I know some of you are probably saying right now, "Gee, why don't you wait two more days, make it a whole month since you've posted anything?" I know. I have no excuse but my own laziness. Funny thing is, though, I went to a choir retreat just last weekend, where I found an applicable gem regarding my problem of late. The guest speaker for this retreat was Mark Condon, a recorded praise and worship artist out of Columbus, Ohio. He was specifically talking to members of our choir; but, of course, like most things I'm applying it in my own world of writing. Here is what he said:
"Routine places perfection within the grasp of mediocrity."
The other night I told my wife I needed to get back to a better routine. "I haven't written anything for the last several days," I said. So, this morning I set the alarm clock to pop off a little earlier, took a shower, put on some coffee, and sat down at the computer. We all know (and this is something I have failed to do lately) the business of writing begins first and foremost with sitting your butt in the chair. Clearly, I need to get back to the basics.
Oh, and speaking of butts, my daughter came home from the pumpkin patch the other day. Suffice it to say, my wife and I had a little fun with the selection. Here's a photo:
Meet Jane the Plumber-Pumpkin. I actually suggested to wrap a bra around the pumpkin instead of a pair of panties. My wife told me to shut up. Ah, such is the life of warped minds. We can take any innocent thing and distort it for our own amusement.
But I digress.
All hasn't been lost the last few weeks. In my absence, I've finished reading two books and started a third. One of the finished books was Wild Fire by Nelson DeMille; the other was No Country For Old Men by Cormac McCarthy. One of the criticisms I've heard about McCarthy's book, and the movie, was that the title didn't seem to fit. I can't disagree more. The title completes the story. In fact, without the title a reader, or viewer, can easily lose what the story is about. We've all heard or read that when it comes to writing, you are supposed to show and not tell. This book is a perfect example of that principle. Through the story arc of Chigurh and Llewelyn Moss, the author shows us why Sherriff Bell makes his choice by the end of the book. For those who have seen the movie and were left confused, I suggest you read the book. For those who have never seen the movie or read the book, I strongly recommend you add this one to your reading pile.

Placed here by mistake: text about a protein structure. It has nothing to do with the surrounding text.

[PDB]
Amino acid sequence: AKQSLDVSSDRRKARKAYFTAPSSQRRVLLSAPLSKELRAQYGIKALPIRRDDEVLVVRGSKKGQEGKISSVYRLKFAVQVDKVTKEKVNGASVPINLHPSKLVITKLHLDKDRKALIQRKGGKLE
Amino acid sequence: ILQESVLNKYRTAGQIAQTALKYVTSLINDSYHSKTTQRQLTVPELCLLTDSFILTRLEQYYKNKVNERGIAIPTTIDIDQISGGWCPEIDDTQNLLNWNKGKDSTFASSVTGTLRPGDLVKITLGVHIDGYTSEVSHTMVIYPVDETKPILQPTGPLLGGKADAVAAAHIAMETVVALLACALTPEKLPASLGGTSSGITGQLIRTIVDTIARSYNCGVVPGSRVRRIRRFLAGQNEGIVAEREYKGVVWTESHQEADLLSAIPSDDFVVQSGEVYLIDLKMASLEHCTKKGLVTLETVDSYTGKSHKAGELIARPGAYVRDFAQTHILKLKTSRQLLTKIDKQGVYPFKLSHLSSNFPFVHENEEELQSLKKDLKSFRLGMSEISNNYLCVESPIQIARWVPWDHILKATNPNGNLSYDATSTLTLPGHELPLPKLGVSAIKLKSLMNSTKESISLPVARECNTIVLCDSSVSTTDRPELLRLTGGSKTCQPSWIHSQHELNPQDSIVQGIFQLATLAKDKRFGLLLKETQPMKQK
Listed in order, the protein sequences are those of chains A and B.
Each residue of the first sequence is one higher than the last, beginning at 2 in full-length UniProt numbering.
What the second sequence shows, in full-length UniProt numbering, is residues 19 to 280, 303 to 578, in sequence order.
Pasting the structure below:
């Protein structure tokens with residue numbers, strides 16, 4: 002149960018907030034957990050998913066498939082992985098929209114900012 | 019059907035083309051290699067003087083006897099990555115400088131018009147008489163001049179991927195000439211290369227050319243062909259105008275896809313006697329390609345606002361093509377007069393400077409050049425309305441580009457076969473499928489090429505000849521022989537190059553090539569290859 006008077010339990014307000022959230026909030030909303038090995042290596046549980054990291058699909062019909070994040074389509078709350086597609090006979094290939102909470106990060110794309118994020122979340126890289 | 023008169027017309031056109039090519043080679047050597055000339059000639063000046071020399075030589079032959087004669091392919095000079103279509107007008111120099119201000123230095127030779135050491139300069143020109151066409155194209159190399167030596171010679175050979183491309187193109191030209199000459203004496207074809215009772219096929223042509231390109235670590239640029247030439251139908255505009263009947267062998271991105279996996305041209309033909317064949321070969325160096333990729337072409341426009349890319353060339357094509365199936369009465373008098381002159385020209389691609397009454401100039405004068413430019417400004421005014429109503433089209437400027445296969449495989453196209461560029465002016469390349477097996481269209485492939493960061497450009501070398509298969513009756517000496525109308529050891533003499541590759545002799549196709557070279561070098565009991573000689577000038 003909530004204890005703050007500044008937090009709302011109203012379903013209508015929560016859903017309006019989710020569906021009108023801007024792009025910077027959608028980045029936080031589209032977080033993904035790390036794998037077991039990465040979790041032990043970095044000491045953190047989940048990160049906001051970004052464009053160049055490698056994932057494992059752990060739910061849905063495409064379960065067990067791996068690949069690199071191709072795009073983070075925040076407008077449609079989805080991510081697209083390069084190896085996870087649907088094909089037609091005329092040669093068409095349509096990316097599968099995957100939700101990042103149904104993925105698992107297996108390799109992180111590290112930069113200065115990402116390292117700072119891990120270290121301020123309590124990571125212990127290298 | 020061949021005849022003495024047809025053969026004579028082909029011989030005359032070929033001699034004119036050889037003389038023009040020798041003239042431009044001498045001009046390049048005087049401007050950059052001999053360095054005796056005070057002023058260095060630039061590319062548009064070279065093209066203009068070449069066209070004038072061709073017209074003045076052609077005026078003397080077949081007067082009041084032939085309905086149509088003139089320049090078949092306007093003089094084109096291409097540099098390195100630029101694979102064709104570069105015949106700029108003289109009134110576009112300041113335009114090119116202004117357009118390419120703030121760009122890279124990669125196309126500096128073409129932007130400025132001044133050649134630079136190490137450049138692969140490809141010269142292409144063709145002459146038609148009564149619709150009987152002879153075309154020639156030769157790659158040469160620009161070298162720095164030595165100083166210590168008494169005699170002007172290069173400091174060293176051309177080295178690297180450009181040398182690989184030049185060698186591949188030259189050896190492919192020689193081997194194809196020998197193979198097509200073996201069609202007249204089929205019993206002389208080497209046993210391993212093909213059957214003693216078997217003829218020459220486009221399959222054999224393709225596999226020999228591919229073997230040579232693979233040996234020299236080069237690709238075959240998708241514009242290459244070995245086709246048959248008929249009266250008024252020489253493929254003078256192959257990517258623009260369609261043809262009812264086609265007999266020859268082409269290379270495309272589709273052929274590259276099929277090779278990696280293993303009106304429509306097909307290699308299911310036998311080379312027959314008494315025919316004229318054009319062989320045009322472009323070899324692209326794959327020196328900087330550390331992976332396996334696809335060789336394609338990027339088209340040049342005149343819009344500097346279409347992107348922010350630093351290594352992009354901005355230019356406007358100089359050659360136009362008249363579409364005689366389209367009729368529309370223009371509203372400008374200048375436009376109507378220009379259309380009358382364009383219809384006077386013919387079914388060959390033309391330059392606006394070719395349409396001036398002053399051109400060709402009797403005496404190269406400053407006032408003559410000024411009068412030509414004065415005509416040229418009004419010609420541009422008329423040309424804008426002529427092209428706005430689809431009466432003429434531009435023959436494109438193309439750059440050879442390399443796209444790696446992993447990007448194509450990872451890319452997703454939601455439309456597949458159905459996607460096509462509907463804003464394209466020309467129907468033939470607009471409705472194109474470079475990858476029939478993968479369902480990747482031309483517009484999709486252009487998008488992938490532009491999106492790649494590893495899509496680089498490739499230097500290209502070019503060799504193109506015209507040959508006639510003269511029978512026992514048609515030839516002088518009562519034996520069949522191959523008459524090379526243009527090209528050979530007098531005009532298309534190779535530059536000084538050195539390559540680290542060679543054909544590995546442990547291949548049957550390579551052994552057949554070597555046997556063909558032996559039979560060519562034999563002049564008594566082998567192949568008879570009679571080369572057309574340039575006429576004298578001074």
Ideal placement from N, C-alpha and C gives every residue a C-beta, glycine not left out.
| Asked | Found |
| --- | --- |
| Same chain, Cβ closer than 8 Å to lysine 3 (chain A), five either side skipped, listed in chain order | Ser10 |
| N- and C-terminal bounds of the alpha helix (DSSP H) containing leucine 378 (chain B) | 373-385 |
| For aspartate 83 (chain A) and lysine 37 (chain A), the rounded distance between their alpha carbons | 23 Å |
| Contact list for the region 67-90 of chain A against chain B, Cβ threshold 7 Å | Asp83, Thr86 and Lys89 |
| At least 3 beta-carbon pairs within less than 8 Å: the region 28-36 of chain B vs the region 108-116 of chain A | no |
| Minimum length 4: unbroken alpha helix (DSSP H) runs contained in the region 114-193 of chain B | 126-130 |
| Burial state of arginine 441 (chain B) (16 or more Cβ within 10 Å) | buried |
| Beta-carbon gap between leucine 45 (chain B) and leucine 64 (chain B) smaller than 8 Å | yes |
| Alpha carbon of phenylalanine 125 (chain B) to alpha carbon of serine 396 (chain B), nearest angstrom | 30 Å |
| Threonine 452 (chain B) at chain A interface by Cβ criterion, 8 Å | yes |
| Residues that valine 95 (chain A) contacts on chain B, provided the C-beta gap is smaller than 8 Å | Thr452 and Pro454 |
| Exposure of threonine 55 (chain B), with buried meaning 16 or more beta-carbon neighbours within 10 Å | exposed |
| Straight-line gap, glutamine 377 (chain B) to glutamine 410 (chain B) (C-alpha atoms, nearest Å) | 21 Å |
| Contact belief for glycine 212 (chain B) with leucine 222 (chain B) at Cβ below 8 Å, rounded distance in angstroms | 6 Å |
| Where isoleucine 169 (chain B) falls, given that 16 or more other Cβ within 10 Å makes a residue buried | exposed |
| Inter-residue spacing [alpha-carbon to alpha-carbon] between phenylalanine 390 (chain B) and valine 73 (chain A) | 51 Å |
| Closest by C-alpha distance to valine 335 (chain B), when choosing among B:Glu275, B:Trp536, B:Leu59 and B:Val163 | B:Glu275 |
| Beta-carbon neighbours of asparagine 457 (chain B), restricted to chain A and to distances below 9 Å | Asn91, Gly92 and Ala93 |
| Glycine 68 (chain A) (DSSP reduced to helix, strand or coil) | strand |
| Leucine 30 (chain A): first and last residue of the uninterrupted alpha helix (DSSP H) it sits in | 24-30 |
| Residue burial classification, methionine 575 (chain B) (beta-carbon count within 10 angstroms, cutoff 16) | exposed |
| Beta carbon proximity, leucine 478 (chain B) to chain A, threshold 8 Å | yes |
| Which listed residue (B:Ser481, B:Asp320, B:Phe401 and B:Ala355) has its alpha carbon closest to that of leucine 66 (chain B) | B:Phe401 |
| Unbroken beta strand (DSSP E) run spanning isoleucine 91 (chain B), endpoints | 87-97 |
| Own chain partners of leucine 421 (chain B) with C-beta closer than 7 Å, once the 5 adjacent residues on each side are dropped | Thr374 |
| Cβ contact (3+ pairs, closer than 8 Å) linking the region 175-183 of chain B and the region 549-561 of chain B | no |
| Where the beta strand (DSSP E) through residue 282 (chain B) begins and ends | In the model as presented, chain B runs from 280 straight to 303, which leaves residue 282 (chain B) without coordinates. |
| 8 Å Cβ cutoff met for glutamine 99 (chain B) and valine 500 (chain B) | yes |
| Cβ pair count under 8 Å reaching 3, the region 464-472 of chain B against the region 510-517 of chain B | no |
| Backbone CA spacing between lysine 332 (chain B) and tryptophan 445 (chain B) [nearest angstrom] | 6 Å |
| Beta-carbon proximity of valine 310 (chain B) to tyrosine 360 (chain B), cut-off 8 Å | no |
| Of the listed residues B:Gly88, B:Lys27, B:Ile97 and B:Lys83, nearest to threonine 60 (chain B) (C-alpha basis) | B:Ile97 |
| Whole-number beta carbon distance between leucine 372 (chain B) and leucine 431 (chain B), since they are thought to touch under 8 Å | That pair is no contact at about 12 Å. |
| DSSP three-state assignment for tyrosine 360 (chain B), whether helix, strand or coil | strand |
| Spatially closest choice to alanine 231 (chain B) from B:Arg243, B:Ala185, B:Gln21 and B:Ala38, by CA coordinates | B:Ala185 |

After completing McCarthy's book, I picked up Steinbeck's East of Eden, which is what I'm currently reading. By the end of the first chapter, I was skeptical. I've got to read six hundred pages of this? By the third chapter, however, I was hooked. Two hundred pages later, I'm still hooked.
I remember reading somewhere that a reader will forgive a lot if the story is good. Unfortunately, I can't remember where I picked that up, and who wrote it; so, I won't dishonor anyone by stating where I think it came from. Whatever the case, the point is an absolute truism. Take McCarthy, for example. The first time I read one of his novels, All The Pretty Horses, I almost through the book down and screamed, "How can a publishing house market a book by someone who won't even use proper punctuation?" By the end of the book, however, I was spellbound. What an incredible piece of fiction! The same can be said of No Country For Old Men. McCarthy can be difficult to read at times. The lack of punctuation forces a reader to work a little more, and without all the quotation marks it is easy to lose track of who is saying what. But his stories are well done and worth anyone's time.
Steinbeck, for me, falls into this same category. There's a lot of telling in East of Eden, and some of the narrative seems unimportant--like Steinbeck wanted to impress his readers about his knowledge of the area--but I have overlooked all of that. The shadows of criticism scamper away in the light of the powerful story Steinbeck offers.
This is not to imply that a writer can shrug off the rules of protocol--grammar and punctuation--and act as if a publisher or an editor worth anything should be able to see the artist underneath all the faults. Writers like McCarthy are rare. The point, however, is that readers will show you a ton of grace if your story hooks them in and captures their hearts. This, I believe, is the target of every writer. We can talk grammar and punctuation and rules until the day we die. If a storyline runs into the ditch, it will not matter how diligently you kept to the straight and narrow of grammar and punctuation. There are plenty of books I have put down because the story hobbled around like an old dog. Unlike that old dog, however, I have little compassion for a book that already has one foot in the grave within the first fifty pages.
Just some food for thought, I guess.